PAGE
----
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The RBS share price isn’t the only FTSE 100 value stock I’d buy today

Today I want to look at two value stocks from the FTSE 100. One is a share I already own and the second is a share I’d be happy to buy today.

In my view both stocks offer opportunities for contrarian investors at today’s prices.

The turnaround is here

Royal Bank of Scotland Group (LSE: RBS) has taken a long time to return to profit. But after last year’s results I’m convinced the tide is turning. This eternal value stock may be about to come good.

Friday’s first-quarter update showed that operating profit rose by 70% to £1,213m, as costs fell. Return on tangible equity rose to 9.3%, compared to 3.1% for the same period last year.

Cash generation remains strong and the group’s common equity tier 1 ratio (CET1) rose by a further 0.5% to 16.4%, leaving it well ahead of the 13% minimum targeted by the bank. This should be good news for dividend investors, as it indicates the bank is generating surplus cash.

The only catch is that RBS hasn’t yet agreed a final settlement with the US Department of Justice relating to the alleged mis-selling of mortgage-backed securities. This is expected to result in a hefty fine and could put a dent in this year’s results.

Time to buy more?

Although this ongoing case represents a risk, it should be a one-off hit. Once this is out of the way, the government is expected to start selling down its 70%+ shareholding in the bank.

The shares currently trade on a forecast P/E of 10.5 and with a prospective yield of 2.7% for 2018. A dividend increase of 83% is pencilled in for 2019, giving a forecast yield of 4.9%. I believe now is the ideal time to start buying RBS for a long-term dividend income.

A 7% yield from the FTSE 100

Direct Line Insurance Group (LSE: DLG) was floated on the London Stock Exchange in 2012, since when its share price has risen by more than 120%. Alongside this impressive gain, shareholders have also enjoyed a rising stream of dividends.

Profits were hit in 2016 by changes to the way in which compensation payouts were calculated, but the impact of this reversed in 2017. As a result, profits rose sharply last year. Pre-tax profit climbed 52.7% to £539m, while the group’s return on tangible equity increased from 14.2% to 21.7%.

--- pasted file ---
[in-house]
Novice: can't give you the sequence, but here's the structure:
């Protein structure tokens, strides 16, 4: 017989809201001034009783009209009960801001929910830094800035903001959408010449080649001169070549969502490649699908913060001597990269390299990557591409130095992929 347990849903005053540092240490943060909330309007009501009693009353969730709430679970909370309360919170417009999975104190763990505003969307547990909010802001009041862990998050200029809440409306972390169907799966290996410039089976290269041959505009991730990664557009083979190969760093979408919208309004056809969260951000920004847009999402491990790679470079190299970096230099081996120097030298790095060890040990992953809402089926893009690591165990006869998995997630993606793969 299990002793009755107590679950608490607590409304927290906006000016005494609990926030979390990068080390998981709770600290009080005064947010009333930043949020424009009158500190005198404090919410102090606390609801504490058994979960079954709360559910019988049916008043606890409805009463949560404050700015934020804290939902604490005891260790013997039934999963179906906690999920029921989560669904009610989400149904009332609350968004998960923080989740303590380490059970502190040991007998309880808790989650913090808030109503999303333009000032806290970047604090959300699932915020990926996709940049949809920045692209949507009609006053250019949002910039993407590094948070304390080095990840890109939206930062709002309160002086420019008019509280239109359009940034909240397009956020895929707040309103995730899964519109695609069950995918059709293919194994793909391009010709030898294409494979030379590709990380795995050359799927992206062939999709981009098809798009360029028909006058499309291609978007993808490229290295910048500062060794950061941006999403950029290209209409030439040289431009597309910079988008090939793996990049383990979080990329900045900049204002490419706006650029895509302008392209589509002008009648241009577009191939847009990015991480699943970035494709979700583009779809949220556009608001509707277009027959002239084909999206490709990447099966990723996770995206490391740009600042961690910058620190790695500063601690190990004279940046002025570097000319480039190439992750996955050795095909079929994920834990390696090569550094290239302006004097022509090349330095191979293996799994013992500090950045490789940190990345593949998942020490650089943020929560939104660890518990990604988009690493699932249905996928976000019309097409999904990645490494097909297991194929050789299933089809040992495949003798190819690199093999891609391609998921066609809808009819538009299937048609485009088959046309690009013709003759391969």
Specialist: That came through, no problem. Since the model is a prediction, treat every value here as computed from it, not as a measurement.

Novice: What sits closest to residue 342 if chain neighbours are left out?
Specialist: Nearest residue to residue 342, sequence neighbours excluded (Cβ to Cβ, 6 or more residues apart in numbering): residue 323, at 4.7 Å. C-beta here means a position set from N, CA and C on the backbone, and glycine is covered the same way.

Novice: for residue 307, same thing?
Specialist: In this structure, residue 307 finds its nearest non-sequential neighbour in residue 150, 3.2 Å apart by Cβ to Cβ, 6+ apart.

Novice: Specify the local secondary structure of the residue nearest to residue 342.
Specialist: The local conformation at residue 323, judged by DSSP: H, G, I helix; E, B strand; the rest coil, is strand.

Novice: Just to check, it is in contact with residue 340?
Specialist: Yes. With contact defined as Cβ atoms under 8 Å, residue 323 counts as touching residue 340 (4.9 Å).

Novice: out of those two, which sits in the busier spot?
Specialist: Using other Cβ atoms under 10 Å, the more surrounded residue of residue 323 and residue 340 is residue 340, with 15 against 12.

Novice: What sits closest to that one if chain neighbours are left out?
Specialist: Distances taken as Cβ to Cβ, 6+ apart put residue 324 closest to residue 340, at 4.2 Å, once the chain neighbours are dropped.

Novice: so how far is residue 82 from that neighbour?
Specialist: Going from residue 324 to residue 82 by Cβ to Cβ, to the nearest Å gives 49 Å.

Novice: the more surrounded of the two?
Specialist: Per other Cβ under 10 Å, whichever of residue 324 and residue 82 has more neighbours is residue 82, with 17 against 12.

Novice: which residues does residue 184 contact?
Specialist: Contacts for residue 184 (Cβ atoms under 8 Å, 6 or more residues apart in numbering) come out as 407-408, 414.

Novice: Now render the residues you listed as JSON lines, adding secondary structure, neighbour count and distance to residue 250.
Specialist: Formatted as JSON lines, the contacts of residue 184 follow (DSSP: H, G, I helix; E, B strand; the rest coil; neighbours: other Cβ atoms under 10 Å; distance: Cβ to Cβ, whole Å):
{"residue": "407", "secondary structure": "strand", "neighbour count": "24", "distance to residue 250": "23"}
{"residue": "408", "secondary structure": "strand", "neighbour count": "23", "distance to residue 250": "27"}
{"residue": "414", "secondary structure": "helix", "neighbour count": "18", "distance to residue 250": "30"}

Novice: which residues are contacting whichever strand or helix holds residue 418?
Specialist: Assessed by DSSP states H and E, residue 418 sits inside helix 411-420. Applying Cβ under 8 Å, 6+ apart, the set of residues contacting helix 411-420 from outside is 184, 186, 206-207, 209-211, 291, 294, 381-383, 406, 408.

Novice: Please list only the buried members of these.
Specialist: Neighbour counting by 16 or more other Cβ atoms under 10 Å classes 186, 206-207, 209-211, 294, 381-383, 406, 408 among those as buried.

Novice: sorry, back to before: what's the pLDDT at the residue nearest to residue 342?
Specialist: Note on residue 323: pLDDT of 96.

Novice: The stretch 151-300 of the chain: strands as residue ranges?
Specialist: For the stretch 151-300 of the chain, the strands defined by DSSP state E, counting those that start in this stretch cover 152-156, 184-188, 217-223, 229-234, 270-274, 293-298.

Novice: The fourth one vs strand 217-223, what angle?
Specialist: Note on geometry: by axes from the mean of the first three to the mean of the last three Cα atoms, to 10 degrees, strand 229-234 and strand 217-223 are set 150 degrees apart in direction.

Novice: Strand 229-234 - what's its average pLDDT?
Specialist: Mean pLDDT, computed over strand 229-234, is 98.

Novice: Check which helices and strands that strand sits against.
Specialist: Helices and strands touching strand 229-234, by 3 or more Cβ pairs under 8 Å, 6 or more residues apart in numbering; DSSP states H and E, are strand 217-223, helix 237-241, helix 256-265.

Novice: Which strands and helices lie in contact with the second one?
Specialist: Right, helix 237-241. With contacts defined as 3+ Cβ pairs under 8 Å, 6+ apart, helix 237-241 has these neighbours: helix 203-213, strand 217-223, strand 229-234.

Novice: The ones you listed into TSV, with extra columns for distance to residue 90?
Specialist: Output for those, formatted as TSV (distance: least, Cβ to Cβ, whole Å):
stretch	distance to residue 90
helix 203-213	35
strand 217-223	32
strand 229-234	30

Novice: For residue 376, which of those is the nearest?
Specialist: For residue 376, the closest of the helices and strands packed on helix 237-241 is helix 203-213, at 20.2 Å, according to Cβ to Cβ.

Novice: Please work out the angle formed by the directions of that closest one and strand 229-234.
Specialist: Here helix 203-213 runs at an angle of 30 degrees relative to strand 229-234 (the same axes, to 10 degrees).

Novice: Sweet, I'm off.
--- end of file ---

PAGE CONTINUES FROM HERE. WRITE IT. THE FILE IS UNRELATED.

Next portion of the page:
Watch out for bad weather

Last year’s gains were helped by a fall in the group’s combined operating ratio, which dropped from 97.7% to 91.8%. This ratio compares claims costs and operating expenses with the total amount received in premiums. A figure of less than 100% indicates that a company’s underwriting is profitable.

Snow and ice usually generates a surge of claims, so claim losses may have been higher than usual during the first quarter of this year. But I don’t expect this to have too much impact on full-year results, based on comments made by other insurers.

I’d buy today

Consensus forecasts suggest that Direct Line’s profits will be broadly flat this year. Analysts expect adjusted earnings of 32.2p per share, versus a figure of 33.6p per share last year. A total dividend of 27.6p per share is forecast, including a special payout.

These figures put the stock on a forecast P/E of 11.5 with a prospective yield of 7.5%. I’d rate this as a buy.

Buy-And-Hold Investing

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Roland Head owns shares of Royal Bank of Scotland Group. The Motley Fool UK has no position in any of the shares mentioned. Views expressed on the companies mentioned in this article are those of the writer and therefore may differ from the official recommendations we make in our subscription services such as Share Advisor, Hidden Winners and Pro. Here at The Motley Fool we believe that considering a diverse range of insights makes us better investors.